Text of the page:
After completing the course the student should be able to:
account for fundamental quantities for rigid body kinematics and dynamics.
describe and apply the theory for rigid body mechanics, built from relations between fundamental quantities starting from Eulers I and II laws.
describe and apply the theory of vibrations and mechanical waves.
analyse physical processes and discuss technical applications by constructing, using relevant approximations, a mechanical model and using mathematical methods to analyse models for planar motion
show analytical problem solving skills for mechanical and engineering applications and be able to account for relevant approximations.
carry out physical experiments, explain and justify the results in writing and orally.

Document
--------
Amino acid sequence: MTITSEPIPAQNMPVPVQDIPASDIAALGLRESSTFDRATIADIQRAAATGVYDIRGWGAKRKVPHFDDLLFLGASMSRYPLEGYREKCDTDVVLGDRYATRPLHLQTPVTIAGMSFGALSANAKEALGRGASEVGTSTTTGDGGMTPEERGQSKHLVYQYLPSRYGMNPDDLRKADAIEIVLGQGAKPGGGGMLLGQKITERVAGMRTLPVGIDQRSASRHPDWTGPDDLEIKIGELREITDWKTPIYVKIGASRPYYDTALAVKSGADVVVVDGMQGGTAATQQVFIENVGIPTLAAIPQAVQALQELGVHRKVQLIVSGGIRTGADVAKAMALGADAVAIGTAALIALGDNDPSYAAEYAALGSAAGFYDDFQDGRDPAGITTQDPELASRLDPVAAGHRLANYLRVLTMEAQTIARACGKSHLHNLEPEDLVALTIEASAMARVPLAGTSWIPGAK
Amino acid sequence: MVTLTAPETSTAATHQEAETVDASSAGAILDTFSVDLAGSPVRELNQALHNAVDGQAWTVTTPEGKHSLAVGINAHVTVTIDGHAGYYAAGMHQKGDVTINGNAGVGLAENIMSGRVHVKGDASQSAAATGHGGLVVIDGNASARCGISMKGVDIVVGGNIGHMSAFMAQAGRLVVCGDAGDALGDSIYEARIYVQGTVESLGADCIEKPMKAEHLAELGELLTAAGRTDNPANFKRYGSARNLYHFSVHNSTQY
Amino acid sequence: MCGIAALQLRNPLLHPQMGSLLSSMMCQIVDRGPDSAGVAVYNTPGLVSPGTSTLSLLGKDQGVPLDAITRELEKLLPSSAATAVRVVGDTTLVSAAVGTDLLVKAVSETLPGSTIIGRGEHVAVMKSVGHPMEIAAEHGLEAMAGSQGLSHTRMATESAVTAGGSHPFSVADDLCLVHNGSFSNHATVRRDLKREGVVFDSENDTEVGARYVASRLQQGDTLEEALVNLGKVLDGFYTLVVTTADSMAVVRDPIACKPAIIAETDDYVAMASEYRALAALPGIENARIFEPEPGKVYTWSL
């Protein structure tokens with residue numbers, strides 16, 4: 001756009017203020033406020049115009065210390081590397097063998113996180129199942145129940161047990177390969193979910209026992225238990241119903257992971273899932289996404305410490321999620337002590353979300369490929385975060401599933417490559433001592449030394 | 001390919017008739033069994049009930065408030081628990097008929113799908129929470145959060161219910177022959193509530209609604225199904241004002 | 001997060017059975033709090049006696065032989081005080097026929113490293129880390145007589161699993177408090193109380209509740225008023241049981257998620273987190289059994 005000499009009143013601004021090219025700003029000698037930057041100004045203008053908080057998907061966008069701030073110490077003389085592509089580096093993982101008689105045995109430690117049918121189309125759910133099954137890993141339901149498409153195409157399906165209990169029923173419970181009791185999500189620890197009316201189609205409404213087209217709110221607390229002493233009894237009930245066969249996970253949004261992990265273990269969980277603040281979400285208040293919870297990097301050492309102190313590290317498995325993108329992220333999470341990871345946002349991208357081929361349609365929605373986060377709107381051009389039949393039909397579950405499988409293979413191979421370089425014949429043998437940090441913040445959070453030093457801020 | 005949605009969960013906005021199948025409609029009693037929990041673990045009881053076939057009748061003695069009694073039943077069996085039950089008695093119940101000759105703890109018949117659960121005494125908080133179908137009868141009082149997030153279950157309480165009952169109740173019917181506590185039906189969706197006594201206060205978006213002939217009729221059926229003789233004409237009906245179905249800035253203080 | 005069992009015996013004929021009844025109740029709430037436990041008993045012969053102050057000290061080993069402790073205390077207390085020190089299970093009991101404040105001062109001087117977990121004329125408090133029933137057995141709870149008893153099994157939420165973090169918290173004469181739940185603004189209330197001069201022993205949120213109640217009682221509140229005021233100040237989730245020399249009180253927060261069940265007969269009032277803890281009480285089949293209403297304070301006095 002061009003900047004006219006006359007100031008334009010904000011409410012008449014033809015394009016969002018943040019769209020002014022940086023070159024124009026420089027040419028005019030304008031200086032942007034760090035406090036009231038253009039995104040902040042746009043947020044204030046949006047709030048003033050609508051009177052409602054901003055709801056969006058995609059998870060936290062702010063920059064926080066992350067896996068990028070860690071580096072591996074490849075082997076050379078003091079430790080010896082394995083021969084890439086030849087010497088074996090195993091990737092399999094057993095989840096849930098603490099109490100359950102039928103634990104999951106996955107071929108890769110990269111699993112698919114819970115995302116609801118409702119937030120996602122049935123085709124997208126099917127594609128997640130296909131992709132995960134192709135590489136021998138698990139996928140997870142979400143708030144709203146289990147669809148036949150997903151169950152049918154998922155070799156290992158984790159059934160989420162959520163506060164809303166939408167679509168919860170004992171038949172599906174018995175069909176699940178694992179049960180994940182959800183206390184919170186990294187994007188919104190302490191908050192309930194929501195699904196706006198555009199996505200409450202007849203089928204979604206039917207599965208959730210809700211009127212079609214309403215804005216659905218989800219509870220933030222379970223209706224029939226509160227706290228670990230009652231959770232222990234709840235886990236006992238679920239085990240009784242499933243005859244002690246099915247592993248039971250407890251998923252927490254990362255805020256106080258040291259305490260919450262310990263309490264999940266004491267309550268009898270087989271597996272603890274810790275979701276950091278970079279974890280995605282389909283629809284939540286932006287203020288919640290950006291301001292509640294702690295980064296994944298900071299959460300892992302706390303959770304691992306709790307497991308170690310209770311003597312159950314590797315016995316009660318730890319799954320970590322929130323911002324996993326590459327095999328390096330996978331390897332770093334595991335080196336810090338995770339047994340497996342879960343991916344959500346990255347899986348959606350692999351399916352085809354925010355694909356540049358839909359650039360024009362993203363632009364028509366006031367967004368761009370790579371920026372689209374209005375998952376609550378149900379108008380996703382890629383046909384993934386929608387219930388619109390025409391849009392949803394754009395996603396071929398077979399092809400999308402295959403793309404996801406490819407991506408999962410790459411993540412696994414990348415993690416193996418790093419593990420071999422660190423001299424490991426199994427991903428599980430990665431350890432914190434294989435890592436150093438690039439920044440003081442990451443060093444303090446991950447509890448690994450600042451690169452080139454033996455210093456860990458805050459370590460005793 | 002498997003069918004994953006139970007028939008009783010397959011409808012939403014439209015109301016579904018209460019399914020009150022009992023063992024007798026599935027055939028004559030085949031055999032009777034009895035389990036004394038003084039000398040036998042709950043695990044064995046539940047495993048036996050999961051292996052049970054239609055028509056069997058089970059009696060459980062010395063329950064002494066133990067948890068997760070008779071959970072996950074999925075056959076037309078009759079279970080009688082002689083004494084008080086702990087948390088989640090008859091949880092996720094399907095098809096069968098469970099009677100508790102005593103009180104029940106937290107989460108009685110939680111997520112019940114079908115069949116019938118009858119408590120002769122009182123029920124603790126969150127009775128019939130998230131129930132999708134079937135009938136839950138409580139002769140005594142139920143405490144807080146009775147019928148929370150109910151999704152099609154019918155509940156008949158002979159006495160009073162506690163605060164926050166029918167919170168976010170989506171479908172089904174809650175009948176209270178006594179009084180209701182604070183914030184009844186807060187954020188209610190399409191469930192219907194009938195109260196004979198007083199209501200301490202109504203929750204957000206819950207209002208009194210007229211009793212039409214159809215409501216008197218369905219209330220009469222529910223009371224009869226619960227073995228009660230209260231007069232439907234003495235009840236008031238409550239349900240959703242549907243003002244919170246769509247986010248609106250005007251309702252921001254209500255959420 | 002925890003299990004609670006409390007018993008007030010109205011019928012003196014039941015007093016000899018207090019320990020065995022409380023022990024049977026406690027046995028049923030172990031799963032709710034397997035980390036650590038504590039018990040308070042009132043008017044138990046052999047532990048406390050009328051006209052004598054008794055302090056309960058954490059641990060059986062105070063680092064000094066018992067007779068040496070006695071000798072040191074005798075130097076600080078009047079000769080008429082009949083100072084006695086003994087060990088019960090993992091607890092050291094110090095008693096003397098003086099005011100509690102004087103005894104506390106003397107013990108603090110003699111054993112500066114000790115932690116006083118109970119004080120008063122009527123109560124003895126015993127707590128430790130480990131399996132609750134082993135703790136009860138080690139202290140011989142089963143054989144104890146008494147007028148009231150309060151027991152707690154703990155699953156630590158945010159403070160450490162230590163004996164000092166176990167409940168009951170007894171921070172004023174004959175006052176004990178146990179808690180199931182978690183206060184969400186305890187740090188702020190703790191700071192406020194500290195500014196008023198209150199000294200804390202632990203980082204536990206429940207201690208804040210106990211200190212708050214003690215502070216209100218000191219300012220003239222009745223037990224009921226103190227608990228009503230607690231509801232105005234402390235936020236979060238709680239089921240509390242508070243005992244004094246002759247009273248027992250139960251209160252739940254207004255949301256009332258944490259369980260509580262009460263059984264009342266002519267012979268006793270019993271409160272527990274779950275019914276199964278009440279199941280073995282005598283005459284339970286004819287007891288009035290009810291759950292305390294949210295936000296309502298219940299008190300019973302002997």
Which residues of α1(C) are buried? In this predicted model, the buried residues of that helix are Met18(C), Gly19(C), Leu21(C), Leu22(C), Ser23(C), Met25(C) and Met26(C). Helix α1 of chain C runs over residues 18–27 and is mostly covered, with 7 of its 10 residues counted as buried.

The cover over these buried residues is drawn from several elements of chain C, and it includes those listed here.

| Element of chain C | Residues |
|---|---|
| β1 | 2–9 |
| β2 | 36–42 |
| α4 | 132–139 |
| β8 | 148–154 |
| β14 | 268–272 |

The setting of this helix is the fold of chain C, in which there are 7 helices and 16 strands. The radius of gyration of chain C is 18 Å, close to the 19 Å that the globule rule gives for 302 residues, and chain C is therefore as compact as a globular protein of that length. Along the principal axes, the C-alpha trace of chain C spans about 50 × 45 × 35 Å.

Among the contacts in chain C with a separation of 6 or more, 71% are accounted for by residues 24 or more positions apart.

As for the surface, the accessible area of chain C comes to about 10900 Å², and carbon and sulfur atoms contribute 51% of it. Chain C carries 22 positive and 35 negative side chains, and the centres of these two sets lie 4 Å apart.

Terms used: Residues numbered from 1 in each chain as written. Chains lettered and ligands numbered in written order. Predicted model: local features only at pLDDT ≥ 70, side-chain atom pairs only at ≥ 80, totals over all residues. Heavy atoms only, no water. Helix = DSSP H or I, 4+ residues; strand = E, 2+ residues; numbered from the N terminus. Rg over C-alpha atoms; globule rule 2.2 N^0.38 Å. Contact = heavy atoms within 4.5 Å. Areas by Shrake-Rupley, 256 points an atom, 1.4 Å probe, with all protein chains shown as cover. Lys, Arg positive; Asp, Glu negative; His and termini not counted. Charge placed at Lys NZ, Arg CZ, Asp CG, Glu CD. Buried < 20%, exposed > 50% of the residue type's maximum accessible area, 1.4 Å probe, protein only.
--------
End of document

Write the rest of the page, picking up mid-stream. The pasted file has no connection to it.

Planar kinematics and dynamics of rigid bodies. Force, momentum, impuls, moment (torque), angular momentum, moment of inertia. Eulers laws for planar motion, translation and rotation. Work and energy. Collisions. Statics for rigid bodies. Vibrations. Limitations of the rigid body approximation; elasticity and mechanical waves. Simple machine elements, for example gears and clutches. Models for the motion of rigid bodies and applications. Experimental work, labs, oral and written presentation.
Lectures, problem solving sessions and laboratory work. Guest lecture or study visit.
Written test at the end of the course combined with non-compulsory written continuous examination, which may replace part of the test (4 credits). Laboratory exercises with oral and written presentation (1 credit).
If there are special reasons for doing so, an examiner may make an exception from the method of assessment indicated and allow a student to be assessed by another method. An example of special reasons might be a certificate regarding special pedagogical support from the disability coordinator of the university.